The rpsO gene was chosen for further study since it was the most highly expressed (the Northern blots shown in Fig. Fig.22 were exposed for different times, with the rpsO blot having the shortest exposure), showed the clearest difference between wild-type and pnpA strains, and had distinct major bands between 100 and 200 nt. Reverse transcriptase mapping of the rpsO mRNA 5′ end was performed on RNA isolated from the wild type and pnpA strains and from one of the triple mutant strains, using as a primer the same 5′-end-labeled oligonucleotide that was used for Northern blot analysis. A single 5′ end was mapped (data not shown), suggesting that all or nearly all of the RNA fragments detected by the 5′-proximal probe began at the transcriptional start site. Thus, accurate determination of the sizes of these decay fragments would allow mapping of the 3′ ends. Separation of RNA on a high-resolution denaturing polyacrylamide gel (“sequencing gel”) followed by probing with an oligonucleotide probe is a method we have used previously to determine precisely the size of mRNA decay fragments (15). Such a Northern blot for rpsO mRNA decay fragments is shown in Fig. Fig.3A.3A. Clusters of bands at three positions were detected, migrating at about 180 nt, 133 nt, and 102 nt. The 180-nt cluster contained a set of fragments ranging from 175 to 185 nt.
We hypothesized that the accumulation of mRNA decay fragments in the pnpA strain was due to the inability of exoribonucleases other than PNPase to degrade through RNA secondary or tertiary structure. Thus, the 3′ ends of the observed decay fragments should coincide with the base of such structures. The sequence of the first 200 nt of the rpsO transcription unit was analyzed by the mfold RNA folding program of Zuker (38). Two structures with significant stem base-pairing were predicted to form (Fig. (Fig.3B),3B), and the 3′ base of these structures correlated well with the observed 180-nt and 133-nt decay products. The presence of the 102-nt decay product correlates with a pseudoknot structure that is predicted for the rpsO 5′-proximal regulatory region (32; also see Discussion).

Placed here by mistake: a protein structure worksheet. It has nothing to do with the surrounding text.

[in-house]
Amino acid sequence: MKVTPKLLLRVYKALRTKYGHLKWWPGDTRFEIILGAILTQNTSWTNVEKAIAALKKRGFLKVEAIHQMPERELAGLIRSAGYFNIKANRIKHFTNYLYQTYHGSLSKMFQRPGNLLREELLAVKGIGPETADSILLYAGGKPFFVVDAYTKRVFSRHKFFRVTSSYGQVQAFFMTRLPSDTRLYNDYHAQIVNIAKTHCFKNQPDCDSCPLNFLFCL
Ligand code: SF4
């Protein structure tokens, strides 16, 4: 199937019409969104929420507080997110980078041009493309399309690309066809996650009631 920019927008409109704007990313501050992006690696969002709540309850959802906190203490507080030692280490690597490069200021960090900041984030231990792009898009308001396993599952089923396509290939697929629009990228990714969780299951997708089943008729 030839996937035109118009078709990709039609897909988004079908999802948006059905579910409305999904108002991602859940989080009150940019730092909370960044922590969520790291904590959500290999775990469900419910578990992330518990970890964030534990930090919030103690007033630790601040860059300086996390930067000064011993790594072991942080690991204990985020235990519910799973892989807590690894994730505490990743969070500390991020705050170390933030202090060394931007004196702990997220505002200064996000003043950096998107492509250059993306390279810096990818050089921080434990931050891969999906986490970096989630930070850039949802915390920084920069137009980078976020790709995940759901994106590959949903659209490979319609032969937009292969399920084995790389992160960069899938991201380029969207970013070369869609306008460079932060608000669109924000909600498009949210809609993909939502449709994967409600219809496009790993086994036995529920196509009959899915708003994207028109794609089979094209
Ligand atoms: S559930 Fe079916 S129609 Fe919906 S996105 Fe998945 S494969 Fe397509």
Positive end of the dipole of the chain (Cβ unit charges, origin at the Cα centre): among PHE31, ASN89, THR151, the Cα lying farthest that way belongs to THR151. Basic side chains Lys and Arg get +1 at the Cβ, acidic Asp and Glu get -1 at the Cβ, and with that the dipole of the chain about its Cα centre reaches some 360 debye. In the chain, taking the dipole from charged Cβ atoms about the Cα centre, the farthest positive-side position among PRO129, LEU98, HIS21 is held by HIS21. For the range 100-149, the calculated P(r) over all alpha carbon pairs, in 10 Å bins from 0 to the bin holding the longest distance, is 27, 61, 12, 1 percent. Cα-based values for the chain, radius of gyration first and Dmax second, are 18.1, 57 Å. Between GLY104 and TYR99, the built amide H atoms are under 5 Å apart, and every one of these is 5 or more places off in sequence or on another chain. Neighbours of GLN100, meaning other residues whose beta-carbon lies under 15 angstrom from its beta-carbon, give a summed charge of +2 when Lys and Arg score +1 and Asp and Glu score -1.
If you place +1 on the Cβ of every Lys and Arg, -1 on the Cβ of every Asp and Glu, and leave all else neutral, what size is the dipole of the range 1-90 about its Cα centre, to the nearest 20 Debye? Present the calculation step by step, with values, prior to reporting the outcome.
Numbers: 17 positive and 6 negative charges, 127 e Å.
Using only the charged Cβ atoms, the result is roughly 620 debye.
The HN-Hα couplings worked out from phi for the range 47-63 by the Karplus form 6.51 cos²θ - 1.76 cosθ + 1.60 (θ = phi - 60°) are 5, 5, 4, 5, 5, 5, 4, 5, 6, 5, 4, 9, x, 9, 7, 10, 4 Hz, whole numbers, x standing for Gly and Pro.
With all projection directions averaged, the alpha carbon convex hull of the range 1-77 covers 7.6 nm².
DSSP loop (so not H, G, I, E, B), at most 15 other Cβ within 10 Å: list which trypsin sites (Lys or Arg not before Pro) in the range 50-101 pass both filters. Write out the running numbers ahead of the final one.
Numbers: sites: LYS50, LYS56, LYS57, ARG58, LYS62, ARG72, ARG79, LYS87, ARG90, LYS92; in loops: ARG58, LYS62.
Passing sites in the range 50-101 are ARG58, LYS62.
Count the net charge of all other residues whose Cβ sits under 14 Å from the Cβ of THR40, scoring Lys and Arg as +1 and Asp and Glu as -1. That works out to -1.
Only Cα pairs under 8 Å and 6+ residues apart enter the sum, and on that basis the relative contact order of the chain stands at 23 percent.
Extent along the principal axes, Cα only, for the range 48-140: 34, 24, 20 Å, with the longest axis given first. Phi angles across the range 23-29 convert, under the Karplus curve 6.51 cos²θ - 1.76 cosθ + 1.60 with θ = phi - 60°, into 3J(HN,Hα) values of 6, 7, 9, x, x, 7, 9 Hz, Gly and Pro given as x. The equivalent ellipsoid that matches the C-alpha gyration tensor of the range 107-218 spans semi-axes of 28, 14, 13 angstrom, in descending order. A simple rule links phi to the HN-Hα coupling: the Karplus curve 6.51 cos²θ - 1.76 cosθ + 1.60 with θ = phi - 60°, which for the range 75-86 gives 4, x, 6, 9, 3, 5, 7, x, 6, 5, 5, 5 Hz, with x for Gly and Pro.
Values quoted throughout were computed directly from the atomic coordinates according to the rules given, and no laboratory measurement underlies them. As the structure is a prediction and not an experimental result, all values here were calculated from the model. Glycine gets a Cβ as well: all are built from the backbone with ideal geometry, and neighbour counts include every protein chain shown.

Larger rpsO mRNA decay intermediates between 250 and 350 nt in size were also visible in the rpsO panel of Fig. Fig.2.2. Two of these were mapped by Northern blot analysis (Fig. (Fig.3C,3C, lane 1), using sequencing gels run out much further than the one shown in Fig. Fig.3A.3A. Strikingly, the sizes of these intermediates (approximately 320 and 350 nt) corresponded well with the downstream base of two other stem-loop structures that were predicted by mfold to occur in rpsO mRNA (Fig. (Fig.3D).3D). One other stem-loop structure is predicted for rpsO (Fig. (Fig.3D)3D) and indeed, a decay intermediate of 260 nt was mapped by Northern blot analysis (data not shown).
To assess the effect of the lack of PNPase on rpsO mRNA half-life, Northern blot analysis of RNA isolated at times after rifampin addition, to inhibit new transcription, was performed (Fig. (Fig.4).4). Surprisingly, the half-life of full-length rpsO mRNA was similar in the wild-type and pnpA strains: 5.6 min and 6.7 min, respectively (averages of two experiments). (The half-lives of the decay intermediates could not be determined, since we assume that their concentrations are simultaneously increasing by the decay of full-length RNA and decreasing by degradation.) This result indicated that the initiation of decay was not significantly affected by the loss of PNPase; rather, the degradation of products generated subsequent to attack on the full-length mRNA was slowed.
To study the function in mRNA decay of ribonucleases other than PNPase, rpsO decay fragments were probed in strains that were lacking PNPase and one of the other three known exoribonucleases: RNase R, RNase PH, or YhaM. RNA was separated on a denaturing polyacrylamide gel of intermediate size (i.e., about half the size of a sequencing gel). Experiments were done in duplicate, and the Northern blots were subsequently stripped and probed for 5S rRNA to allow for quantitation. The strains in which PNPase and either RNase PH or YhaM were missing (Fig. (Fig.5A,5A, lanes 4 and 5) showed slight differences (within twofold) (Fig. (Fig.5C)5C) in the quantities of decay fragments from the strain missing PNPase only. The strain that was missing PNPase and RNase R, however, showed a significant increase in the amount of 180- and 133-nt fragments, as well as a surprisingly large increase (20-fold) in the amount of 102-nt fragment. These results showed that RNase R had a role in degrading mRNA fragments when PNPase was not present.